Securities Markets: Part 2

The last few weeks for me have been…interesting… to say the least, so apologies for not posting last Friday. I’m back to finish up our discussion on securities markets!

Let’s start by asking one question… are you a bull or a bear? (NO shade!) I know you may have heard the terms bullish and bearish before, but may not know their meanings. These are types of investment positions. Bullish investors are aggressive investors and want to buy shares. They take a long position in investing – they anticipate prices rising so they buy now while prices are low and sell when they think prices are high. Bearish investors don’t buy much stock; they take a short position in investing. They anticipate prices falling so they hold on to their investments or may sell, but wait to buy when prices fall.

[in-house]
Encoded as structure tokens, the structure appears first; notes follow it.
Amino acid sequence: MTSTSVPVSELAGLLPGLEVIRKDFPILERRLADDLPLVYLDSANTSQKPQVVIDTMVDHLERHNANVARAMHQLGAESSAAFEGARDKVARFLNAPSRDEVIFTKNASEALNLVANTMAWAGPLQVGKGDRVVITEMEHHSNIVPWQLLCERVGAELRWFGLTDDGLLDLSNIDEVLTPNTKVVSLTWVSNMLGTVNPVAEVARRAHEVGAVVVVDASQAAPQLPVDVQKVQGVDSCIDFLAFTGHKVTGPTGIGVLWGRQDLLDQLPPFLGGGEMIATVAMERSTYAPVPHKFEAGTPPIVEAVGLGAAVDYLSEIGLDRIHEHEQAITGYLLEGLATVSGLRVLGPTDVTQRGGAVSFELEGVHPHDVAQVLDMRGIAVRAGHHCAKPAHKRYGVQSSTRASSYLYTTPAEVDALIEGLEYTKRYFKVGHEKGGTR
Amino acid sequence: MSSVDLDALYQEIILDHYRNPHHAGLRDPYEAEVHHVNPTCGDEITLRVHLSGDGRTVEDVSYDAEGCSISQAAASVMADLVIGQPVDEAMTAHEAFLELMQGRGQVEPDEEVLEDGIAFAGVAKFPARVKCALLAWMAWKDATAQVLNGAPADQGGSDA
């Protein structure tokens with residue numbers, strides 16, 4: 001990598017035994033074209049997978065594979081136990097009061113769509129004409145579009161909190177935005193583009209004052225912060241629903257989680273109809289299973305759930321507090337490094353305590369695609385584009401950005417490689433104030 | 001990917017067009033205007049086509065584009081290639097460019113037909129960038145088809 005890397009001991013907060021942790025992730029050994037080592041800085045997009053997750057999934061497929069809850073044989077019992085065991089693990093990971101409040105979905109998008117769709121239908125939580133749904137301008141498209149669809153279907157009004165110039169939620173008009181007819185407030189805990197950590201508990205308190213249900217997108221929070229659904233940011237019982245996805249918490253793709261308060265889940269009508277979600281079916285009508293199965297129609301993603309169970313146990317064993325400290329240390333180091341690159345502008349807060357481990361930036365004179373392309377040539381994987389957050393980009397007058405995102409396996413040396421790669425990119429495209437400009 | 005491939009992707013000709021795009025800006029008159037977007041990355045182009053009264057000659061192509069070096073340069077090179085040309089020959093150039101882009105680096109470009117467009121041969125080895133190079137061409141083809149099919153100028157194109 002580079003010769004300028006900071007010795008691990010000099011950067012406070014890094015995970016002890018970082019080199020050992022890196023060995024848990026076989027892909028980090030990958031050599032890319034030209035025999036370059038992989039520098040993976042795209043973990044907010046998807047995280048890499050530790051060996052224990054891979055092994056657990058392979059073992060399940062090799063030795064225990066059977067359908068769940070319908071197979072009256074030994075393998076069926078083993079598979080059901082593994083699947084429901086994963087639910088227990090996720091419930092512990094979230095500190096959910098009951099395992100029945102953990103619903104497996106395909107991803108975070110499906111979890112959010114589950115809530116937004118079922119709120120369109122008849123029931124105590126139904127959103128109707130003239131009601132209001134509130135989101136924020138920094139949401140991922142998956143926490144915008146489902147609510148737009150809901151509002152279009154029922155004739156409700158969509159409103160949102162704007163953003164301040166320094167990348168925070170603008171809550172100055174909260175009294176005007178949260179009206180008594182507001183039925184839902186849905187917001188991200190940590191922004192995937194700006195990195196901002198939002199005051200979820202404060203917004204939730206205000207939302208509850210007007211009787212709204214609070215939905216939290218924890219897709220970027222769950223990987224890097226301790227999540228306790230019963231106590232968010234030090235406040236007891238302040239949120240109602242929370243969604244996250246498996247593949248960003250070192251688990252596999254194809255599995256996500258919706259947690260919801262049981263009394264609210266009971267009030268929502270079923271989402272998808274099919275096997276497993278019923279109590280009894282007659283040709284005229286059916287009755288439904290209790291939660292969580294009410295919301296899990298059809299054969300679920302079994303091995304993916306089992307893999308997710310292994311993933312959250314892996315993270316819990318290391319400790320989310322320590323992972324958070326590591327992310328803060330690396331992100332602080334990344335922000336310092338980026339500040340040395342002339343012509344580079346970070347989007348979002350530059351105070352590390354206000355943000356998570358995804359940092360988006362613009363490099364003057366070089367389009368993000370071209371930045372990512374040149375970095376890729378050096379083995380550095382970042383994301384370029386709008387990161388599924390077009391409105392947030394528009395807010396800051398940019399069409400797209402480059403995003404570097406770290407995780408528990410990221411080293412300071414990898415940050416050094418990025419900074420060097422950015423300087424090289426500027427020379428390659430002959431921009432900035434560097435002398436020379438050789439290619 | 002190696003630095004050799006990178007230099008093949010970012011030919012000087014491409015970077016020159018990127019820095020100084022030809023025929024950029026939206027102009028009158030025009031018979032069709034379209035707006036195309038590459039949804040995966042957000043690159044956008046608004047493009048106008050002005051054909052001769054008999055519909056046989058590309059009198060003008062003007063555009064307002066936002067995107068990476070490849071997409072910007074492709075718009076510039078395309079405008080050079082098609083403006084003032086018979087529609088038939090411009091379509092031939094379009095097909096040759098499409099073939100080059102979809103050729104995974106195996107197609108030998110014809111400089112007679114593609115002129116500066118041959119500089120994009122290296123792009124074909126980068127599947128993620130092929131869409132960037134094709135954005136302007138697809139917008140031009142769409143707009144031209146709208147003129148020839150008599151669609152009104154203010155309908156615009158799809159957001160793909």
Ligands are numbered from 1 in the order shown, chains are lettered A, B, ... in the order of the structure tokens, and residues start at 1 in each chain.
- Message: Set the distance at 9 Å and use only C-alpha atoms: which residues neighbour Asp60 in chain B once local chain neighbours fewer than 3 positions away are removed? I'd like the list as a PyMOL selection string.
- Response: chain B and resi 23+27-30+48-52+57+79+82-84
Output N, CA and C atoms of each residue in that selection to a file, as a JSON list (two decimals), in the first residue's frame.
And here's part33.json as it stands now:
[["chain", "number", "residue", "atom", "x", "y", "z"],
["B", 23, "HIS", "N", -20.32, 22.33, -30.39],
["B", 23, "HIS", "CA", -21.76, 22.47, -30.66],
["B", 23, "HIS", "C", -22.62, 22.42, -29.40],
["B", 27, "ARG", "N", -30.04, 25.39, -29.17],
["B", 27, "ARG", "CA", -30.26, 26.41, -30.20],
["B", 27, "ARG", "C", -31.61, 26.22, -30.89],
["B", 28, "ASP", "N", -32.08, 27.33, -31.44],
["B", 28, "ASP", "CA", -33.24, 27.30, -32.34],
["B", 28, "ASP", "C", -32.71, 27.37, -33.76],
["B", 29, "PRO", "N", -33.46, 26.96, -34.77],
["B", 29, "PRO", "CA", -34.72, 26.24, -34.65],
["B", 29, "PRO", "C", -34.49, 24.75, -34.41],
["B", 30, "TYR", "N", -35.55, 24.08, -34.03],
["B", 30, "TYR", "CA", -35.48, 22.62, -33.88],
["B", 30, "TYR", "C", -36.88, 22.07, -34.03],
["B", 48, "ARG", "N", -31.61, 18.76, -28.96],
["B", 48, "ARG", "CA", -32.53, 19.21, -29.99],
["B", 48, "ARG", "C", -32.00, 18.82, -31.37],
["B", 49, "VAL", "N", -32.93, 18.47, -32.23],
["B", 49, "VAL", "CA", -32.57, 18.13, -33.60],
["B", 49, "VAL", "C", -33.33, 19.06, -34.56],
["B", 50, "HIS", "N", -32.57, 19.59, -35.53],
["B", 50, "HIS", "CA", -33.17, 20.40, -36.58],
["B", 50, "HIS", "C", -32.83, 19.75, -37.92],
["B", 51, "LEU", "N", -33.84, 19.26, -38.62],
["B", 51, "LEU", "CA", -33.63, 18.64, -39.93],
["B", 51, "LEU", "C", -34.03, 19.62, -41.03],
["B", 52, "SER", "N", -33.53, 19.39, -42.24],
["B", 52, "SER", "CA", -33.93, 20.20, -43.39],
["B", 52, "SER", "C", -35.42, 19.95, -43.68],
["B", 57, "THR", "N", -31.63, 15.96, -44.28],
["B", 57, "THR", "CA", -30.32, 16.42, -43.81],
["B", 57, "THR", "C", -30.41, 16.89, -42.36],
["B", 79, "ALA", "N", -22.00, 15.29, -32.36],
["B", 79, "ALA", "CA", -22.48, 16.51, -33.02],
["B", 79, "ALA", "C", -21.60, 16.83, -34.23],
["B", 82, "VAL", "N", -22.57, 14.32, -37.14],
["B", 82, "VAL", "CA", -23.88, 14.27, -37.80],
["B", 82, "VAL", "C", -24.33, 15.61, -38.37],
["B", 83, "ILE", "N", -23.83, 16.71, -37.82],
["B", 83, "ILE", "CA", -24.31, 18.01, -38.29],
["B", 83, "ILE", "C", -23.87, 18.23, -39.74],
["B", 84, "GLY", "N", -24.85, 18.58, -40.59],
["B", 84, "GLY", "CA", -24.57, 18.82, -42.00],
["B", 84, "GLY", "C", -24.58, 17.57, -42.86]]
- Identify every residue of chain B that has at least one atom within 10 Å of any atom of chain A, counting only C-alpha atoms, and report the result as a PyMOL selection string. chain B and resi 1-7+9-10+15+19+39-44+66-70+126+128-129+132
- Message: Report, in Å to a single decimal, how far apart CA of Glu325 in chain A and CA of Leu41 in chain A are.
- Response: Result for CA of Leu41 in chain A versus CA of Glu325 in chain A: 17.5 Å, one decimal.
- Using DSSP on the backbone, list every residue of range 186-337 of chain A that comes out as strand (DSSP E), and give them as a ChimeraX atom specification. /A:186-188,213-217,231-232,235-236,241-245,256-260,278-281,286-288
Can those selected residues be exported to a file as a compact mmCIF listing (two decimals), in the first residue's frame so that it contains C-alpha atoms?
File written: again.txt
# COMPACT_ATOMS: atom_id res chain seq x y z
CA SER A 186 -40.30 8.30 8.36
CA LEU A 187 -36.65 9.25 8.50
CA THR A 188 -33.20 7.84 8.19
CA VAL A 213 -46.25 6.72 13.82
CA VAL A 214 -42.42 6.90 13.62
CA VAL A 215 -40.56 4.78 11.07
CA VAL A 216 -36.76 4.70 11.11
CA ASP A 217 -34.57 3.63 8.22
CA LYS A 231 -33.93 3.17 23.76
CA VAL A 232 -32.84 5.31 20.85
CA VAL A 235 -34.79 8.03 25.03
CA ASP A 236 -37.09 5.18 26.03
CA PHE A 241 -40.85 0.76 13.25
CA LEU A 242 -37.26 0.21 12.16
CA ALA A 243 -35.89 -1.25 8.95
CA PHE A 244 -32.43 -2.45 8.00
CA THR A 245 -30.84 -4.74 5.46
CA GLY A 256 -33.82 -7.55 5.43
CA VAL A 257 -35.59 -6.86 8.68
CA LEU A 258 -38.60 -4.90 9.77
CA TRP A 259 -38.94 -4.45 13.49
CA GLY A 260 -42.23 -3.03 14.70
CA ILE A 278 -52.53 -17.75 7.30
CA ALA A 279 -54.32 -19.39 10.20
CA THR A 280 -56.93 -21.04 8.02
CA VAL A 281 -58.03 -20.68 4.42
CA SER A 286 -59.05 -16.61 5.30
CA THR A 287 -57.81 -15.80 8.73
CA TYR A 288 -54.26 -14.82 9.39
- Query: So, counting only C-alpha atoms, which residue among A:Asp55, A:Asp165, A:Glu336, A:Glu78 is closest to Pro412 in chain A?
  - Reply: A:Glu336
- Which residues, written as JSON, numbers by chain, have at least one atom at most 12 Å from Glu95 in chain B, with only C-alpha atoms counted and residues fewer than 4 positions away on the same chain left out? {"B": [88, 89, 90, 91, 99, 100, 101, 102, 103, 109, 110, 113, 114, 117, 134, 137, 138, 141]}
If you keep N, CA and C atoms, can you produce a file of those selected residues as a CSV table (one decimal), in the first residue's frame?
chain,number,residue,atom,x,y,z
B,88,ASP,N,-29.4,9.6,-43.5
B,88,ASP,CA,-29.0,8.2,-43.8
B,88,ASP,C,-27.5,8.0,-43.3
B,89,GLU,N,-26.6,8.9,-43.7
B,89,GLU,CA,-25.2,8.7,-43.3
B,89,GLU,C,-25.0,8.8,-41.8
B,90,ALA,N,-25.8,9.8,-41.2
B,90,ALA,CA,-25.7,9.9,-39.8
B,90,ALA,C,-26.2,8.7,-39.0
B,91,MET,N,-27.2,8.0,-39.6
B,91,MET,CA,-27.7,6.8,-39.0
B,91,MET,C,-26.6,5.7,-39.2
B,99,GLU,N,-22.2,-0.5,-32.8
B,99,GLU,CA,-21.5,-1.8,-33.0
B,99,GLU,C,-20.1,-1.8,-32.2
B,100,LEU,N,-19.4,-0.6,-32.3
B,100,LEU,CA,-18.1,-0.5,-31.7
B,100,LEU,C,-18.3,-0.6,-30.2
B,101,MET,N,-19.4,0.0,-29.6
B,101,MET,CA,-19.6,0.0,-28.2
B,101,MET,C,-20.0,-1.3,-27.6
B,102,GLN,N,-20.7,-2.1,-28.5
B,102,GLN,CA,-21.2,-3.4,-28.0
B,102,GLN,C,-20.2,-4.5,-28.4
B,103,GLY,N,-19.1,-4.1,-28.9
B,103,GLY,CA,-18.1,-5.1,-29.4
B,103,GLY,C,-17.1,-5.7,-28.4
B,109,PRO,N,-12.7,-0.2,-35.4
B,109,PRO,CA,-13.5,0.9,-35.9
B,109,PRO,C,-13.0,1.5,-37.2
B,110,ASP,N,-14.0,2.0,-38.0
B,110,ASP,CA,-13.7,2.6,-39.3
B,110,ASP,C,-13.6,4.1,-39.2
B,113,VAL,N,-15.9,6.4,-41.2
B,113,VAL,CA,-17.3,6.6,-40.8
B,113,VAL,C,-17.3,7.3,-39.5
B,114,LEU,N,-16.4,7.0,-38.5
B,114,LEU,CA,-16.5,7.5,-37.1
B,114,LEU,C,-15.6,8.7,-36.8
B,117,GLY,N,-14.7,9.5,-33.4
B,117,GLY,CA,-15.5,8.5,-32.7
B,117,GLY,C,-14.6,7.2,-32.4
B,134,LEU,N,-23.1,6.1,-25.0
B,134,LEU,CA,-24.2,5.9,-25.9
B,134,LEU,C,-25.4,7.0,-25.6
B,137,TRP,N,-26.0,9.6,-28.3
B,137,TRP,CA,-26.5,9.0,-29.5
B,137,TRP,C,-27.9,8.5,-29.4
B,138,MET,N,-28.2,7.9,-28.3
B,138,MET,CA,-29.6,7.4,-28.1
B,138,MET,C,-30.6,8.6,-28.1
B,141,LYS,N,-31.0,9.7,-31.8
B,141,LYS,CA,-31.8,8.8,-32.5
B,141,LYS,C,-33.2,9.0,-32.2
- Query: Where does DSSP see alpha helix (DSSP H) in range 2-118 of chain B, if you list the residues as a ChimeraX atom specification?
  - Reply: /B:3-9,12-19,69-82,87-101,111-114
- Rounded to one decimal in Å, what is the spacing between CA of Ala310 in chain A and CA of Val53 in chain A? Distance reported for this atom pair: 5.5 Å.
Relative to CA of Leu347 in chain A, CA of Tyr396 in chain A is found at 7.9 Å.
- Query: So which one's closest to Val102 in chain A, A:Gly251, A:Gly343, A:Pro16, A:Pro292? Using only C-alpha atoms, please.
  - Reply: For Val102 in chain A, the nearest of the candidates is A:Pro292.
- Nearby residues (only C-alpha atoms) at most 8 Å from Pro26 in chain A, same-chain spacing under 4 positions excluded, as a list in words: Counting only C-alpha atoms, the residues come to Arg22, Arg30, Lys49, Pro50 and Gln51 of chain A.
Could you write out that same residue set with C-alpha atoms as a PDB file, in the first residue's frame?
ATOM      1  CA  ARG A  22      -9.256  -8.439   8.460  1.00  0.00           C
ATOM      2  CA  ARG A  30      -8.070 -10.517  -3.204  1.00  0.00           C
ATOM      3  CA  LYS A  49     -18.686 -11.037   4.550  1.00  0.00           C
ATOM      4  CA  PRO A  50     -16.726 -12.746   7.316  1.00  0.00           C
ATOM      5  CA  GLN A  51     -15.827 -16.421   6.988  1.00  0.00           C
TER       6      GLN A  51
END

There is one golden rule to investing rather you’re bullish or bearish:

Buy low. Sell high.

NEVER do the opposite. The tricky part is speculating what is considered low and what is considered high for a particular investment.

Last #FinanceFriday , we discussed the difference between full-service brokers and discount brokers. Other than the information and assistance offered, one main difference is the commission you pay with each trade you place, buy or sell. Commission at a full-service broker can be in the hundreds of dollars per order. In other words, any time you want to buy an investment through a full-service broker, you will have to pay for the investment plus hundreds of dollars in commission to your broker. If selling an investment, subtract hundreds of dollars in commission you will get back from the sell of the investment. Commission at discount brokers can be as low as $9.99 at E-Trade or $7 at Scottrade.